Consider a console basic program, when it does something else besides the input waiting from OS (what is a point in which it does nothing, only OS programs does- to serve the blinking cursor), it realy stucks itself dedicated on a task it passes through. Now, you may wander how program can "give away" its proccessing to gain something? There are a plenty of calls that couse your program to free the cpu while specifying when it should come back (a time, a state) and will proceed from that point, functions like: socket operations, sleep, input in cmd. Also, your program is able to "look" at any sort of stuff from OS (peripheral state, etc.).

 

Consider a console application, you still can hack it to gta5:

-make a conditional loop, behind which the console program ends

- store time at begining of a cycle, do tasks, and at the end of cycle put sleep() function with desired time

- you can be writing the frame to a socket, to emit it to internet, or to some applciation that is able to display it, or file save it.

- collecting inputs can be harder, since it is a console app, but you can read them from a socket still, served by some app that collects

 

The sleep function has made sure your program gives its proccessing back to OS, so OS can advance as it wishes, in single core computers this was vital.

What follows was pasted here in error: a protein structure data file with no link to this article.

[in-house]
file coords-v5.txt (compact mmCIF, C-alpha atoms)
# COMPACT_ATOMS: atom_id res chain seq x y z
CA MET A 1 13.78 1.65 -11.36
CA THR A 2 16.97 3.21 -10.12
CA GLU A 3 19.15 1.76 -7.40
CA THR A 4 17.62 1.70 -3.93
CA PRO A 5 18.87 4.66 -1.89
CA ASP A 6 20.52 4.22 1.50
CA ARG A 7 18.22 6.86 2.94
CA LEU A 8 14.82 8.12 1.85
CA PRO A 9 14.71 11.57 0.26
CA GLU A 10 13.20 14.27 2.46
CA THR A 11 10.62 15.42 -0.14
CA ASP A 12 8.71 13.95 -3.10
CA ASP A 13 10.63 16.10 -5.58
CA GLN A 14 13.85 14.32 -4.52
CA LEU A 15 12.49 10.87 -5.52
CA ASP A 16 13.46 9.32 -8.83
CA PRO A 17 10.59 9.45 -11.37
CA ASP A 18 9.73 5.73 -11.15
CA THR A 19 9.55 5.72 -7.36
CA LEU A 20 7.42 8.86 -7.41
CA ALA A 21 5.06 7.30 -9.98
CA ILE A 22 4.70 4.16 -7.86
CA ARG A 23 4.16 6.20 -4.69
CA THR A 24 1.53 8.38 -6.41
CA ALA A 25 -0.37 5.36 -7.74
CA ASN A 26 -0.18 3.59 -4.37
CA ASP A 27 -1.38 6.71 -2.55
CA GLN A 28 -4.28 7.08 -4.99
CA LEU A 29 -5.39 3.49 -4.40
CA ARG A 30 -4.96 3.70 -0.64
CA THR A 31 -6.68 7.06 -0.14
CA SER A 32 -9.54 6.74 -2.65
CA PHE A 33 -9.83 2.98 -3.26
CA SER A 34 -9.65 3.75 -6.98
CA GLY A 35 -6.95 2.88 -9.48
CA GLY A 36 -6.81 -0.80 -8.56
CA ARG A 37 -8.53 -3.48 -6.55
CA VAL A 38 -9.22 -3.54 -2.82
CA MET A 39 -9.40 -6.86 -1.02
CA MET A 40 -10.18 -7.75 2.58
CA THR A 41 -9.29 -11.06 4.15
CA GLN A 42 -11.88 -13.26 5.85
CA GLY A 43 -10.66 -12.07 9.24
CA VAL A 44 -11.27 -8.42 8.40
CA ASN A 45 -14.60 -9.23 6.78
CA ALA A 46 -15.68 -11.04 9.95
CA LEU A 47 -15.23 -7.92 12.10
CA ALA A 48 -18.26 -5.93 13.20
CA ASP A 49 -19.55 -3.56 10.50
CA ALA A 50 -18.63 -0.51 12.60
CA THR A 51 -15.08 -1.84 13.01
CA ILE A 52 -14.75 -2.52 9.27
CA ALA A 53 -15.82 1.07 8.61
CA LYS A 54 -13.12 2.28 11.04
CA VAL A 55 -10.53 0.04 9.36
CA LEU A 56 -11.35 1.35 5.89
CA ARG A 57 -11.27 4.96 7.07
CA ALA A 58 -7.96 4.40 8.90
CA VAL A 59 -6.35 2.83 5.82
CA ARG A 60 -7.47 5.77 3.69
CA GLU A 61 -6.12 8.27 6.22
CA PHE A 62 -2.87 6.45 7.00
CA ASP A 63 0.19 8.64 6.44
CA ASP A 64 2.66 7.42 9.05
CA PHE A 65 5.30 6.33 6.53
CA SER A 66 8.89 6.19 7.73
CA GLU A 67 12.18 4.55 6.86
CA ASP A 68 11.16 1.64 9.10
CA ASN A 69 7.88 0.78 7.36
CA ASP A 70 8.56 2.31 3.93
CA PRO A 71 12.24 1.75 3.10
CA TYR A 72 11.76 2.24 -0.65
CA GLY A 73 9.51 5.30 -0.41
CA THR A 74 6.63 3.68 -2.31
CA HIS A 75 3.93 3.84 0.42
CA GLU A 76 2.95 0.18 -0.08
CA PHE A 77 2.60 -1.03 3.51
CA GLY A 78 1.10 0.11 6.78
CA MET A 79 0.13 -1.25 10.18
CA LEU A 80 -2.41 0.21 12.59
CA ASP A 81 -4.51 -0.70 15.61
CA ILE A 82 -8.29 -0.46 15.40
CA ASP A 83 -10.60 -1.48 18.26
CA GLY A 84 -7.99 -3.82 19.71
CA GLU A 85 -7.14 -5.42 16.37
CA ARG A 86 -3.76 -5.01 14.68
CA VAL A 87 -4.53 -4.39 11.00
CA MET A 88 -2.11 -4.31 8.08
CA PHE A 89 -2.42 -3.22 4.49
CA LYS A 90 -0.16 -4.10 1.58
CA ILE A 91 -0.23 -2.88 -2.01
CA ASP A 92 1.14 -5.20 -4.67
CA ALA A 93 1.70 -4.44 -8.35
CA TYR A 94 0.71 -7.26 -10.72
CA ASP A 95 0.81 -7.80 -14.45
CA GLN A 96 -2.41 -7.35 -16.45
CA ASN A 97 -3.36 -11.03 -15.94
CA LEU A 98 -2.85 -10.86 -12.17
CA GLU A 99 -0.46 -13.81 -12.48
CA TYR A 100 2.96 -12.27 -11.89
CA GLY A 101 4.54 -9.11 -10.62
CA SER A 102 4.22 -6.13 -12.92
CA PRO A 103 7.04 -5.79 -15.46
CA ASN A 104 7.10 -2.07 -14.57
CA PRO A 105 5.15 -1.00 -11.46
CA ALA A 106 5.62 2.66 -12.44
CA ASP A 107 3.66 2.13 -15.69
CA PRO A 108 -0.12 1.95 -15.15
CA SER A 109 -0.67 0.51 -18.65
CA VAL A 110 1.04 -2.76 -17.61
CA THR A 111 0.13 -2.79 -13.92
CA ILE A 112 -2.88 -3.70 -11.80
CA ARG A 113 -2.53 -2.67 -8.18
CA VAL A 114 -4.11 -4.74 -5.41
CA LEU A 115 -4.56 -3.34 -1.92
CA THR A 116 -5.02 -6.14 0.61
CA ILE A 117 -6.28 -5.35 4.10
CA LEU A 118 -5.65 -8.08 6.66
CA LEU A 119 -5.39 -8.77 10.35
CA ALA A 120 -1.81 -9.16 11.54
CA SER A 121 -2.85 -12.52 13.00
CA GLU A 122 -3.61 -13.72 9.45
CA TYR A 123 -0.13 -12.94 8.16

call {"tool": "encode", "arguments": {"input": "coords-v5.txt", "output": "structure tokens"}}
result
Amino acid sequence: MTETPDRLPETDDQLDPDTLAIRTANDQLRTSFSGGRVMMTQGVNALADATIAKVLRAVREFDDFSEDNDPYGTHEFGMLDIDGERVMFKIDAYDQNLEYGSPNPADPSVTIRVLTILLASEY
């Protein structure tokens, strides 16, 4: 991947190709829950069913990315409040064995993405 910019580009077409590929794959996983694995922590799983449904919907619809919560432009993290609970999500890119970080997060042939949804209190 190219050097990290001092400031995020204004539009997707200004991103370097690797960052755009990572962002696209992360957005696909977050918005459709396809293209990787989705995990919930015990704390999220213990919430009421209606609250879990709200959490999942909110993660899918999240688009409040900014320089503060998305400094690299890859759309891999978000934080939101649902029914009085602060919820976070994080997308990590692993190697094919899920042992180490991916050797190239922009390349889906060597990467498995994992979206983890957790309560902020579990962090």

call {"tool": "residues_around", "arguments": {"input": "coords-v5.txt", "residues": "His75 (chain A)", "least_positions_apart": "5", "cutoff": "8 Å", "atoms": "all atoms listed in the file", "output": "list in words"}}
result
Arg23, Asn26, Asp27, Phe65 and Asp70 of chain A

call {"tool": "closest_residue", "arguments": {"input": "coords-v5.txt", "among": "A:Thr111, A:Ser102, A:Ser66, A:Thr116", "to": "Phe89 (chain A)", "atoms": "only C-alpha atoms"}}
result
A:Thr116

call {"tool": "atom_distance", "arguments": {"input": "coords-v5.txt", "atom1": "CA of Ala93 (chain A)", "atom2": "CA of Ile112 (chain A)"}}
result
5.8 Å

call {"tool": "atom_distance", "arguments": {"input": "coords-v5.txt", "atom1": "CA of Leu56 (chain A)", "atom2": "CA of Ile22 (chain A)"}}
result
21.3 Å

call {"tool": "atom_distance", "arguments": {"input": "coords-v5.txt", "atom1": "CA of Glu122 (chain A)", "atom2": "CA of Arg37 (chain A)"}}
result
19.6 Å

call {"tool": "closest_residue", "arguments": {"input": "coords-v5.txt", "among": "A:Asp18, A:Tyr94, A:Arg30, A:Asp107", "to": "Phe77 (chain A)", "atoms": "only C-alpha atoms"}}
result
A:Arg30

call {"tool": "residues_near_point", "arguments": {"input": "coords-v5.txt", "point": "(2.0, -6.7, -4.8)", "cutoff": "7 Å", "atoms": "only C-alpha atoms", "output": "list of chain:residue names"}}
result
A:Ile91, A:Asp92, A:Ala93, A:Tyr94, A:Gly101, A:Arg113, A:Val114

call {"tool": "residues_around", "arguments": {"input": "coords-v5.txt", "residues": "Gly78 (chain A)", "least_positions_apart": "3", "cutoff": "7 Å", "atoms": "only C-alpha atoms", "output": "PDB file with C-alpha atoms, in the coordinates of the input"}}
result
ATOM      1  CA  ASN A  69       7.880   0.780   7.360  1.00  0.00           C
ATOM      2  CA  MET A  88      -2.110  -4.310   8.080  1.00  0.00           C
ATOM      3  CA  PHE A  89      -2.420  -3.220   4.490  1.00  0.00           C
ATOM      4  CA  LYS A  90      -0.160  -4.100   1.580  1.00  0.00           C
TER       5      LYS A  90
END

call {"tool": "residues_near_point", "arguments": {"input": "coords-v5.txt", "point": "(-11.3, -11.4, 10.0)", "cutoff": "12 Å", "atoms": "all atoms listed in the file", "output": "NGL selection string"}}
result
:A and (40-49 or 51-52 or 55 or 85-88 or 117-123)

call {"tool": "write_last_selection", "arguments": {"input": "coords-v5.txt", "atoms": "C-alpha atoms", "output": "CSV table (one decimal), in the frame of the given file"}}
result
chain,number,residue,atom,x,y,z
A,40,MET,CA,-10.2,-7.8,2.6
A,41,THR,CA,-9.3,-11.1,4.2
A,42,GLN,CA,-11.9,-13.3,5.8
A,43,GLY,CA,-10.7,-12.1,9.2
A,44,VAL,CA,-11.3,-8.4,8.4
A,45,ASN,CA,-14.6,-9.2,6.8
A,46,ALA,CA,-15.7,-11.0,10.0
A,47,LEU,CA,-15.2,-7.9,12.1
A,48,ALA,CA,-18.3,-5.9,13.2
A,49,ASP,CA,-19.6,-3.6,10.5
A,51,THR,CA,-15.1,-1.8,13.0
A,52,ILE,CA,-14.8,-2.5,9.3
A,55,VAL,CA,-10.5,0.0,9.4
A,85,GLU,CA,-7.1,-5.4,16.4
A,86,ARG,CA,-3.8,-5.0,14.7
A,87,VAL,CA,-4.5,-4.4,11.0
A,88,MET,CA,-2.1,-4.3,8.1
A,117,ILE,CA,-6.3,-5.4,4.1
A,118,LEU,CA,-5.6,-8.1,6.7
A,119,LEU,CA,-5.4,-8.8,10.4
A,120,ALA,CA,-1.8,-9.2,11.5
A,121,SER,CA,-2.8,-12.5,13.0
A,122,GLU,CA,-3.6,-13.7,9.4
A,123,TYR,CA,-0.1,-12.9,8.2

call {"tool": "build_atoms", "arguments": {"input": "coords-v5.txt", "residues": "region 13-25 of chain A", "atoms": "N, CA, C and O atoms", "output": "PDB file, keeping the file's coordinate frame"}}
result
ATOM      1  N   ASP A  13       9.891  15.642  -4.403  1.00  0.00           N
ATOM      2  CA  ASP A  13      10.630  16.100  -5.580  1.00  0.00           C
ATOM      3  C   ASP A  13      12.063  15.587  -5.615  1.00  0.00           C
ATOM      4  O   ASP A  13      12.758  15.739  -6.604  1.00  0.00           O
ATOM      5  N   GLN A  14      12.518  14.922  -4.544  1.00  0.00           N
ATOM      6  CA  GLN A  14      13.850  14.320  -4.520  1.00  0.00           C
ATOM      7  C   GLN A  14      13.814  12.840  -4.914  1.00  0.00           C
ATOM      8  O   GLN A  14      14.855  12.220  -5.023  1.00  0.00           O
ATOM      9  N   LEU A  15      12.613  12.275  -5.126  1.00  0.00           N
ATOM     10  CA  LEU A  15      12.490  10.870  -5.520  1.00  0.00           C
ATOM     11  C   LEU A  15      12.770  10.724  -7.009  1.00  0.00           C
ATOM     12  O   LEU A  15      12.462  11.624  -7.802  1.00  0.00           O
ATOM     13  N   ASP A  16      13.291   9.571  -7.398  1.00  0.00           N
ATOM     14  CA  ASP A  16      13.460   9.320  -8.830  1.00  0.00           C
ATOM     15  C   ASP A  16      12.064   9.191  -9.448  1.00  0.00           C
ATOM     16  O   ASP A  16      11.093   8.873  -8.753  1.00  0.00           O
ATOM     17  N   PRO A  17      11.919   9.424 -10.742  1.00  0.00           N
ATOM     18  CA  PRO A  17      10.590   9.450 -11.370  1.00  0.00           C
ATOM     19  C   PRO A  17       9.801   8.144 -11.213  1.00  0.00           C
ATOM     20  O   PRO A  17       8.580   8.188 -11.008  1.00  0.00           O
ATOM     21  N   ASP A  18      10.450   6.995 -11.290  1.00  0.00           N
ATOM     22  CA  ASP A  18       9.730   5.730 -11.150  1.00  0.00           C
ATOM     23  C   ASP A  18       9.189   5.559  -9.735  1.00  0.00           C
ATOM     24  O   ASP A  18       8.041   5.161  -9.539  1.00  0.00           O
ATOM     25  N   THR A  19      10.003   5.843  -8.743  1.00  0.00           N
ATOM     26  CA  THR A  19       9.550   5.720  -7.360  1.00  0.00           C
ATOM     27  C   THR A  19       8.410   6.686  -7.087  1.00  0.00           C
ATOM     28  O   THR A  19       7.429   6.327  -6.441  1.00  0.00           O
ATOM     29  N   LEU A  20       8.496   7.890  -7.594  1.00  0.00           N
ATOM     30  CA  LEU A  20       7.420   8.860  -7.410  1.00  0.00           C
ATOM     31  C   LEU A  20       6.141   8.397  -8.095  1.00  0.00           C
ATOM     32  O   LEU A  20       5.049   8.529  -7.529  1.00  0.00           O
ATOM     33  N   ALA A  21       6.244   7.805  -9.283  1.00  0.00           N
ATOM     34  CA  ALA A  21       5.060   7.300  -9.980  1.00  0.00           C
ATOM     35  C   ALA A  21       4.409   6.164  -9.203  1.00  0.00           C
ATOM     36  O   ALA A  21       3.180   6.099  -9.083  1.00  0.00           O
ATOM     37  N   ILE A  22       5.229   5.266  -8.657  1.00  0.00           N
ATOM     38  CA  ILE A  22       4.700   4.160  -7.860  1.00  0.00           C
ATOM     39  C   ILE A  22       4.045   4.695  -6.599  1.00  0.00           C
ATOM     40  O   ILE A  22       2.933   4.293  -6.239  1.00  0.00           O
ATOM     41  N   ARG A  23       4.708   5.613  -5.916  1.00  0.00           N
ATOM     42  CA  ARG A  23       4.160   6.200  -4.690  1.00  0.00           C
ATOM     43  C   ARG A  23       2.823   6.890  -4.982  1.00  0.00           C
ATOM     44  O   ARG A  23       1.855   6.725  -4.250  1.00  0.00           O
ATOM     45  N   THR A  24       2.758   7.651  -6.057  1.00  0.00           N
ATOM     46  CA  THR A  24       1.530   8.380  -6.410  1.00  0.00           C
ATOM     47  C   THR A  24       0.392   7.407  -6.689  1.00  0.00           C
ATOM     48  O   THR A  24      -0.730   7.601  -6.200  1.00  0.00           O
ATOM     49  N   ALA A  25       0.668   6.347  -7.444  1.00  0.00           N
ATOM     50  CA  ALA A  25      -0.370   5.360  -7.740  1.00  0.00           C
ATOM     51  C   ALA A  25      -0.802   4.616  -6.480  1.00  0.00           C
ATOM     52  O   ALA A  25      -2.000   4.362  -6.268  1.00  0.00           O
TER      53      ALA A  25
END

But this was a silly description of a hack, which can be modulated/encapsulated to some application base, (message looped peek of win32 app?). I would stress yet, that physical run-time of program is not important to know at all when designing a software, the important is the logical run-time of the program.

But I think you need a concrete pushing - I will give it to you. Let's ask questions to you instead:

- What prevents you form compiling basic empty application the can display pixels?

- Install professional development IDE, like MS VS for example

- Find out what empty applicaiton type suites you

- learn about input registering/collecting

 

After you did, I give you first ToDo-

Make an application that will display all .bmp pictures in a directory that its .exe is run in, put ability to scale down and up the picture and navigate them by arrows.

 

This application is then all ready for some nasty 2d game, you have production assets available (.bmp pics), you will be able to 2danimate (atlased .bmp), you will have ability to write and define any pixel of the application, giving you freedom you may demand, also, when you will start to wish to rotate the pictures, in 2d manner of course, you will see first challenges, of abstract logical problems.

 

Since having an internship in a high end sofware developing company is not that easy (unless you are some top UNI), and getting an open source engine/library can just couse you stuck on it after learning to use it (not code it), I encourage you to keep in the way of staying "low level, all possible" .(pixel apps/directX/opengl)

 

I have sort of understood your struggles right now, so my post might be some more "enlightning", but the core rule is the same "go experience". I wish you the best of luck, don't give up, I have gained best advances when I accepted I am the worst programmer who knows nothing, and, there is a lot of joy waiting for you :)

Edited by JohnnyCode